It is cold in the garden, the bitter breeze penetrating the church walls that make the place into a courtyard. My cousin is the first to cry. Shaking and sobbing quietly, her mother comforting her. But as the minister begins speaking, praying, I feel as cold as the air.
As the ashes, grey, not black as I’d assumed they would be, are lowered into the ground, I feel nothing. I know that the pile of ash in the hole in the ground used to be my grandfather, and I tell myself I should be crying, or at least feeling something, but all I have is guilt at my own coldness. My mother, my aunt, and some other family members take a scoop each, pour them in.
I squeeze myself to keep warm.
We go back inside. The lounge is warm, and I remove my coat.
We wait for the service to begin. Not a minute before we enter the sanctuary, I learn that we will be walking in after everyone else, their eyes on us as we move forwards to the front rows. I’m worried that I’ll either burst out laughing or break down crying.
As the heads of the congregation turn to watch us, I become very aware of my facial expression. I try as hard as I can to look sad. I bite my lips, swallow, and move my eyes around nervously. I probably just come across as nervous.
Here now, in the front, I sit through the prayers, the hymn, and now it is time for the song my parents have been practicing.
It is a musical adaption of Alfred Lord Tennyson’s self-written epitaph, “Crossing the Bar.” It has a beautiful melody, and a beautiful piano accompaniment, and it compares death to one my grandfather’s favorite pastimes, sailing. This is one of the last songs he heard, the song my father sang for him as he lay dying in his bed, the song that moved him to tears even though the most communication he had been capable of for days was squeezing people’s hands.
But the song doesn’t move me.
Now it’s time for the family to speak. My uncle speaks at length about many different things. He pretty much recaps my grandfather’s whole life. The end, even. They were out together on the golf course, he in warm clothes to defend against the cold, my grandfather in his ordinary golfing clothes: shorts and a polo. A real trooper, he didn’t mind the weather. But he wasn’t on his game. He hit ball after ball and they either barely flew or else they flew in a completely wrong direction. Finally, my uncle offered to help him hit. He demonstrated what to do, held grandpa’s hands to help him remember how to swing. And grandpa remembered. They hit balls for a while, enjoyed themselves out in the cold. But then grandpa started losing his breath, a shiver ran down his spine, he bent over, and my uncle knew that grandpa had just hit his last golf ball.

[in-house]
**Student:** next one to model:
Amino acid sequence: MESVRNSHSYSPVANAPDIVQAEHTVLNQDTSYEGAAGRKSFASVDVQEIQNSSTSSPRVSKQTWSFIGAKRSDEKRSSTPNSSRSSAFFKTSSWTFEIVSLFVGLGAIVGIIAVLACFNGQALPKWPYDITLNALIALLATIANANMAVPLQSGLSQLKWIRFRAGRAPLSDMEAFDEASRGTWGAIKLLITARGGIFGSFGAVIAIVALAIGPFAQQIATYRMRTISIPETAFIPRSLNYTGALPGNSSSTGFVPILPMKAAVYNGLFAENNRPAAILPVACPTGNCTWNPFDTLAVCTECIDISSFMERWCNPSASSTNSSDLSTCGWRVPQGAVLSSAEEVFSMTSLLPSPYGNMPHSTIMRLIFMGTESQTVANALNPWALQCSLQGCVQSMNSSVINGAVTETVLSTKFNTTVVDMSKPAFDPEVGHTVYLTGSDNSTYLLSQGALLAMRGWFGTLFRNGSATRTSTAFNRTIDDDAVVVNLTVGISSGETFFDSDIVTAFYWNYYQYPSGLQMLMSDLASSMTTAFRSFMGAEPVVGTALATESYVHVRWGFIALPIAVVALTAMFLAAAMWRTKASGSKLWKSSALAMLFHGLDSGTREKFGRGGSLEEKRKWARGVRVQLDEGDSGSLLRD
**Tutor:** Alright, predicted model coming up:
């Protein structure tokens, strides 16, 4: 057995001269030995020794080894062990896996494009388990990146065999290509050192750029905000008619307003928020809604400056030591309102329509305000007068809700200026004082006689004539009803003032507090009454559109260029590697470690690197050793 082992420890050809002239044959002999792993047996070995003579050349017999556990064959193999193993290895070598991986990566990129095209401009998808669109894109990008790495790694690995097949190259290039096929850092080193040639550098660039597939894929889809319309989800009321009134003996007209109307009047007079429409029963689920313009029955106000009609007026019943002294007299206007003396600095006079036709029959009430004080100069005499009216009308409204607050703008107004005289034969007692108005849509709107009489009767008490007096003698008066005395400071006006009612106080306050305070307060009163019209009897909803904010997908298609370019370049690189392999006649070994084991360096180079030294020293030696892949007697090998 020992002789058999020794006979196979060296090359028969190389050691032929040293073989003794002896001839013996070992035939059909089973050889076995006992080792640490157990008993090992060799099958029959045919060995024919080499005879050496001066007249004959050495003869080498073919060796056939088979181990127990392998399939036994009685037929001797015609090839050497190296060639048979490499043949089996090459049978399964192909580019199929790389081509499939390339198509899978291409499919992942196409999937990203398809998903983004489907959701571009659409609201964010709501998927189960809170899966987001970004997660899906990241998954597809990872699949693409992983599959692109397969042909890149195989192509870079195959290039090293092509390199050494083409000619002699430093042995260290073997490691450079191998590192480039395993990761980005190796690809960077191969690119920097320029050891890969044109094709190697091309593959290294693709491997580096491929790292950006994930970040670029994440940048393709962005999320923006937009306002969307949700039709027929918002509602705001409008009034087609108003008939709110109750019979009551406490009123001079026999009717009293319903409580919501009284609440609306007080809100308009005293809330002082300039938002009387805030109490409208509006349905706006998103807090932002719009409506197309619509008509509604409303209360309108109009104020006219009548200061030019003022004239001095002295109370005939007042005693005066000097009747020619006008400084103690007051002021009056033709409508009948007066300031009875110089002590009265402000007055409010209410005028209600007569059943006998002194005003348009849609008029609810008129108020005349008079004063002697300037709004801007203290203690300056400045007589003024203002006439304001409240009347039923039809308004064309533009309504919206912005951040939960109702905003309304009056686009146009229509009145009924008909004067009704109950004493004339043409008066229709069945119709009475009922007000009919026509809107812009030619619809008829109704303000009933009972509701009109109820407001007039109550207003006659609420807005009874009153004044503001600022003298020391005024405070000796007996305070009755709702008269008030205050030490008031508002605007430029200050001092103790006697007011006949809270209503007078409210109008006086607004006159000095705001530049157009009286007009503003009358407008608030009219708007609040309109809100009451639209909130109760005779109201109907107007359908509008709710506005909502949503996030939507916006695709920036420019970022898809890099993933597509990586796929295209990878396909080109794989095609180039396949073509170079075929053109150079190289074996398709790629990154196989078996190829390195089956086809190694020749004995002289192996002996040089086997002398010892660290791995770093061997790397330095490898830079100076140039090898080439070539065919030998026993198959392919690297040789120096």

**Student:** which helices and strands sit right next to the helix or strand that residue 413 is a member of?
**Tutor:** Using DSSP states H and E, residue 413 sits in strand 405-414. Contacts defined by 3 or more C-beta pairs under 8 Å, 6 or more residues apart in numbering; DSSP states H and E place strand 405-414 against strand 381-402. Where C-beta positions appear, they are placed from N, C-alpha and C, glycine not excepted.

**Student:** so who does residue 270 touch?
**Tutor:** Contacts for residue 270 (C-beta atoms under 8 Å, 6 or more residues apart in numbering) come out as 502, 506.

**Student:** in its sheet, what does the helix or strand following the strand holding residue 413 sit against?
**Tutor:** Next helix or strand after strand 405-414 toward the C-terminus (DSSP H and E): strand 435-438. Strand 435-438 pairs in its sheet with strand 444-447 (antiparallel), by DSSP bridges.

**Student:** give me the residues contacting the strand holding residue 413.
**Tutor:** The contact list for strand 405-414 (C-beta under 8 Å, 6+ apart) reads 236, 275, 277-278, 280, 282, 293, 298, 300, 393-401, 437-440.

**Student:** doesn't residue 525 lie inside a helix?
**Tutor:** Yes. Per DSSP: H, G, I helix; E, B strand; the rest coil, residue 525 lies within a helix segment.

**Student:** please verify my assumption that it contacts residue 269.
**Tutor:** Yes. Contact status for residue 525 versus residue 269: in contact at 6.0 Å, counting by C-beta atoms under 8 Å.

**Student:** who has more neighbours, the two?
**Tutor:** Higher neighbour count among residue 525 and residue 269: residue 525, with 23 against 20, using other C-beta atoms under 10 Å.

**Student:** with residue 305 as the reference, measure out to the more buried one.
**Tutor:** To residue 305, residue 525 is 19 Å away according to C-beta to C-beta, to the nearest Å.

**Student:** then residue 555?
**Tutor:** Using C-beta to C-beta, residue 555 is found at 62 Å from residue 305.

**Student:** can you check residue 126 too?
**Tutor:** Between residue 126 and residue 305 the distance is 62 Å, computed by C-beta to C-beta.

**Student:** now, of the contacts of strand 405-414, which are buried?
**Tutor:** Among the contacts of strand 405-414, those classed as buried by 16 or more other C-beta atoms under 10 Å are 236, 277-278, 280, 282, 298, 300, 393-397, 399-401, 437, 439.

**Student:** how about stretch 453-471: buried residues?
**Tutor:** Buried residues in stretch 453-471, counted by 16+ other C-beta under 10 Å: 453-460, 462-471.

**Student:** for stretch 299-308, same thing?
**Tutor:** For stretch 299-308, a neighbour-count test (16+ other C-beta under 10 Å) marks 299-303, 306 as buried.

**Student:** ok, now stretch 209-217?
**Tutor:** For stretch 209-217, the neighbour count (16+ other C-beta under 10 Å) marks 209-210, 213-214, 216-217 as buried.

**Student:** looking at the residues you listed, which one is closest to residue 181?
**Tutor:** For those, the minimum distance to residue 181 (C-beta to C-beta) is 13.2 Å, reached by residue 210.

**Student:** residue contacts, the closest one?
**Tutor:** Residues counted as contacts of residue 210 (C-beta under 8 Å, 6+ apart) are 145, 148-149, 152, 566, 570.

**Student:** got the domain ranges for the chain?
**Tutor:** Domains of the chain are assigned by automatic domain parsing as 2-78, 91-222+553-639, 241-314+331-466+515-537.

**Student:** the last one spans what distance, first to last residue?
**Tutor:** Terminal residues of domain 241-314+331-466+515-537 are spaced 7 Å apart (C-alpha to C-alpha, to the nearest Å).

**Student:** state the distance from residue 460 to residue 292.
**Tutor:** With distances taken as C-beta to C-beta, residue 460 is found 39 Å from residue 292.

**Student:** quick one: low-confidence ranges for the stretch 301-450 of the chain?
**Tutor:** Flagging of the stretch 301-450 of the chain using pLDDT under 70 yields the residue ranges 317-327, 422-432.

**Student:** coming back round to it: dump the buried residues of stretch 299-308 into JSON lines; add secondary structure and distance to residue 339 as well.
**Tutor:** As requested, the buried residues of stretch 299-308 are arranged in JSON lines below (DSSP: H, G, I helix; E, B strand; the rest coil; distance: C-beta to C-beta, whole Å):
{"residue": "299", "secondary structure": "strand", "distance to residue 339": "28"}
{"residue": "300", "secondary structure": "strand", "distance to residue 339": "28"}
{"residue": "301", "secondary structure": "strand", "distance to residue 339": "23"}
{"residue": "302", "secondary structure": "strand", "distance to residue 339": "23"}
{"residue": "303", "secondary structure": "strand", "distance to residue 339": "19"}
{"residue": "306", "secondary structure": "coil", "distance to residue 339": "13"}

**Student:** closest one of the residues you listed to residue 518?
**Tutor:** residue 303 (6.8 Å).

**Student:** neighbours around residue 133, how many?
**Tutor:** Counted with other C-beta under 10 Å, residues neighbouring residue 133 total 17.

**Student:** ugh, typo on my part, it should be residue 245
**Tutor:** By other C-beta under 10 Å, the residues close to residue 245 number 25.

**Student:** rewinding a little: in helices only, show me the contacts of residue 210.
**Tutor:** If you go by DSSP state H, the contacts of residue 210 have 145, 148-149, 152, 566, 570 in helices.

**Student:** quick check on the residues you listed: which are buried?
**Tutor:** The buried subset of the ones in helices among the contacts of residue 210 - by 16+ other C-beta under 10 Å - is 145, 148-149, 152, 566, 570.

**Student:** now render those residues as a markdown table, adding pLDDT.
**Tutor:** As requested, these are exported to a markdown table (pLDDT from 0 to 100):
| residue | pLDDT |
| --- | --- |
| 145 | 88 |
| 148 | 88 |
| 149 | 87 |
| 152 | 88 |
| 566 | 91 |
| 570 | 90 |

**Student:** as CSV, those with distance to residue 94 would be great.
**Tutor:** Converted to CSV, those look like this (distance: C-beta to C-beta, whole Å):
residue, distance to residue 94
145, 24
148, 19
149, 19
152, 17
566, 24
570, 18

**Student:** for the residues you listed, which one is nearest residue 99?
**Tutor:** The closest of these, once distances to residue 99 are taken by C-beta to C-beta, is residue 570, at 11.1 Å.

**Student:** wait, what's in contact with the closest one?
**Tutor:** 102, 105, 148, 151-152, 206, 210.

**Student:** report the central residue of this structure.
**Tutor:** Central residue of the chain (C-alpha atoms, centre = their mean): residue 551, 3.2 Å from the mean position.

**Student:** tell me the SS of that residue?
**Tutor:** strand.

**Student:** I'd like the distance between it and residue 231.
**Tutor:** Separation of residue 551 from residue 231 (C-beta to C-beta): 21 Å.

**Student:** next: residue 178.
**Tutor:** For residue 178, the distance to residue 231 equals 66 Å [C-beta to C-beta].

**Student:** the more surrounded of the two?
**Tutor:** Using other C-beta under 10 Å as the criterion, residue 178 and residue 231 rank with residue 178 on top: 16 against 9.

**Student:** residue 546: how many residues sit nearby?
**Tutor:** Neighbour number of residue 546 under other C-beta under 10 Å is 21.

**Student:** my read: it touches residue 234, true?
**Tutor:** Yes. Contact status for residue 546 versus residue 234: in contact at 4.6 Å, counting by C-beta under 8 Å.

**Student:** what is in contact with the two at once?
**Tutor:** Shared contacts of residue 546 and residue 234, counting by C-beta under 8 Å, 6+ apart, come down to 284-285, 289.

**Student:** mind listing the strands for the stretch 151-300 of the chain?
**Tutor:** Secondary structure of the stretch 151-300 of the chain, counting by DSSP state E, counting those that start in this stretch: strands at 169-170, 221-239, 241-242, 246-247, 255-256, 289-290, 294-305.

But the story doesn’t move me.
Now my father. He speaks from the heart. His speech feels spontaneous. He talks about all the things my grandfather did for his family, his friends, his country. He’d always hold the car door for grandma. He’d always look us over when we visited to see if we were keeping in shape. He was so kind to his neighbors. He served in the navy with great pride. The speech is wonderful.
But the last sentence barely comes out. My dad loses it, buries his face in his hands, rushes back to the pew.
And then it hits me.
Michael Powell is dead. He is not alive. He has ceased to breathe, to think, to be. He’s gone, his ashes scattered in the wind and the first to be buried in the memorial garden he pushed for. No more will he laugh. No more will he fret over his wife’s, his kids’, and his grandkids’ health. No more will he send those silly chain emails about trucks falling off of docks.
No more will he love us.
Before I had only understood this on an intellectual level. I knew he was dead, but I did not feel his loss.
It took the true grief of my father, close to me, close to grandpa, to pull my feelings into the light.
My dad never cries, so seeing him break down like he did was immeasurably difficult. It triggered that part of me that allowed my emotions to show past my firewall of smiles and laughter. It’s not a conscious firewall, it’s just something that’s there. It’s what keeps me looking and acting happy, even if I’m not really all right. Then, in acting like I have not a care in the world, it becomes true. I find true happiness in believing that I am happy, and in finding true happiness, I find a true reason. The firewall lets me pull out of situations I don’t want anything to do with, like my grandfather’s death, or my surgery. But it has to come down, once in a while. And when it does, I let it, and I let it open wide. I let everything out, then I retreat again.
That is all.